Indeed, approximately half of this album sounds as if it were recorded in the dead of night at your local cemetery, while the other half was recorded in broad daylight on some green lawn in Central Park. The two halves lock together on the final track, ʽBury The Hammerʼ, a relatively rare case of an actual duet between Calvin and Heather that urges to "forgive and forget, it's time to make amends", as if the previous forty minutes were spent in the state of a hostile rift, and now the creepy cemetery joker and the sunshine-loving dame are coming together in one final em­brace... yeah, I could picture something like that.

And yes, the vocal hooks are nice. Not very original — just nice. For the record, one bit of vocal modulation on ʽSleepy Headʼ is borrowed from the Stones' ʽAs Tears Go Byʼ, and I'm sure that most of the other parts can be traced back to their old-school pop roots as well, from Motown to the Kinks, but they are reworking, not stealing, and matching the old hooks to their modern per­sonalities. Be it the mournful "we cry alone, we cry alone" of ʽTeenage Cavemanʼ, or the ado­ring "you make it true..." bit of ʽGodsendʼ, or the nonchalantly mumbled "bury the hammer, bury the hammer" mantra, they're all a tiny tiny bit «new», and they're all meaningfully attractive.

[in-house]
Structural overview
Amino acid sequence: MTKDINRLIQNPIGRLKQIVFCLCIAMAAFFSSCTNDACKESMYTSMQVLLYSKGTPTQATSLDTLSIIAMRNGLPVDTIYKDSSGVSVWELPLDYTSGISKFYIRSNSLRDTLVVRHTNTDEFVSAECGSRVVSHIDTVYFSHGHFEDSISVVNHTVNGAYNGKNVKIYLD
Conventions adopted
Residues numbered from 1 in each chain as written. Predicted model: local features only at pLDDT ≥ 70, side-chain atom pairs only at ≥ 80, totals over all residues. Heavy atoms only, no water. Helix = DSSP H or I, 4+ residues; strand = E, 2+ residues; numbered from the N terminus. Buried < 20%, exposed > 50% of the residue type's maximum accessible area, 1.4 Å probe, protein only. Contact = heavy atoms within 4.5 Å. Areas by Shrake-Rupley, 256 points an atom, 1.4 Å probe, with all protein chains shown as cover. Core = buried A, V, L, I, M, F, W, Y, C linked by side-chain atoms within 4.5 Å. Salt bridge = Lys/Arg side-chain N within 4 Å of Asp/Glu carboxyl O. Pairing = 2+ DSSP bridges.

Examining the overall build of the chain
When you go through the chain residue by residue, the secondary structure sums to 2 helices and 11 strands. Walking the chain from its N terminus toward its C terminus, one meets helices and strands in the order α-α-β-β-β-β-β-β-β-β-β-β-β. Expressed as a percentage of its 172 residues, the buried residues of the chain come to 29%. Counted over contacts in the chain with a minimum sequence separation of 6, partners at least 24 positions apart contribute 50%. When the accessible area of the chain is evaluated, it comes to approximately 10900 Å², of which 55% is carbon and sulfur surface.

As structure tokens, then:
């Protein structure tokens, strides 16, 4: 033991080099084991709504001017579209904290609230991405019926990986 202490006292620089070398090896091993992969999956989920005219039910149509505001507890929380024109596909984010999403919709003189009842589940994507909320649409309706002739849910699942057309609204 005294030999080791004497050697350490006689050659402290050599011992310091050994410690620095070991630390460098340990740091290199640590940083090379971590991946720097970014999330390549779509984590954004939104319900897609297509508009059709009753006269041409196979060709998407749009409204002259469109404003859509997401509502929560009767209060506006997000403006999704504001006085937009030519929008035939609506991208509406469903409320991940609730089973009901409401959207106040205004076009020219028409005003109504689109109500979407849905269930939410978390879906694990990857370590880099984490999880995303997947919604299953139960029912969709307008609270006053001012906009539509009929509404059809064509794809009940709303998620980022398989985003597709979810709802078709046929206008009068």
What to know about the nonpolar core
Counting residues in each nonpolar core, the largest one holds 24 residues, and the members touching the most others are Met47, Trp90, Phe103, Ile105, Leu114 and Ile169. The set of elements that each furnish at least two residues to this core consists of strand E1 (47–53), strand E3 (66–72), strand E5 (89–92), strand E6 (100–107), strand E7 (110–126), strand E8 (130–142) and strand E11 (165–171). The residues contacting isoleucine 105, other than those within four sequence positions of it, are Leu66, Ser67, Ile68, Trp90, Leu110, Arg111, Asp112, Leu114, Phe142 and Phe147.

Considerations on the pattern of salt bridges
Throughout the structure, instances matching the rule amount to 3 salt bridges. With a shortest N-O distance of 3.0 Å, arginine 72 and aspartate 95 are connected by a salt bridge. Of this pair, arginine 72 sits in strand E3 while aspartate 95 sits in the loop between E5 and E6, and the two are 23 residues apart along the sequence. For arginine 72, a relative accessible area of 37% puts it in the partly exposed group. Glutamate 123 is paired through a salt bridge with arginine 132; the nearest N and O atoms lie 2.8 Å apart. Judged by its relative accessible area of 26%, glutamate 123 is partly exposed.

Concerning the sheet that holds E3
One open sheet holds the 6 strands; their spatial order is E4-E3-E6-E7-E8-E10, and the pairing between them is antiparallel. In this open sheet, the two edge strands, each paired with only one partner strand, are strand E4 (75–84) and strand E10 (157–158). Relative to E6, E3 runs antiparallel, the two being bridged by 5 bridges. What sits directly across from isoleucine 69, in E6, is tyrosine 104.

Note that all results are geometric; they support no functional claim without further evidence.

Overall, this is clearly a thumbs up kind of album — I hesitate to call it the «culmination» of all things Beat Happening, since it objectively sounds very differently from everything they did pre­viously; but as the end of the journey, it is at least as important as the self-titled debut. You can easily skip the middle of the road, but it makes sense — and a little intrigue — to take a look at how they ended up if you already know how they started out. Ironically, this was not originally supposed to be Beat Happening's swan song: it is more like one of those albums that unintentio­nally come out looking like swan songs, and then subvert the band into breaking up because there's just no way they could really pick it up and continue on. Another record like that, and the spiral of mediocrity would start swirling again; but as it is, You Turn Me On remains the band's most immediately accessible and likeable record, and I'm glad they went out with it. 

2 comments:

  1. Good God! I tried to sit through this but after 30 minutes my ears started throbbing. It's not their voices that bother me; I actually found Calvin's mumbling kinda funny, and those hooks you mentioned do indeed stand out. It's that GODAWFUL guitar sound. I can handle fuzz, feedback, drones, sludge, even detuning if it's done right. But this incessant, tinny, clanging sound... Ugh. I think I deserve extra credit for this one.

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  2. This music is from Olympia Washington. Being an hour away from Seattle, it was always like a weird 2nd cousin to the hipper "grunge" scene happening to the north. I can't imagine listening to it outside of that context.

    I have a soft spot for it only because I'm from the area and appreciated the wildly idealistic, difficult listening vibe that characterized Olympia at that time. I sat through many shows that were stupid noise by most any objective measure, but seemed highly intellectual and authentic in comparison to the Zepplinized Romanticism of Seattle's grunge.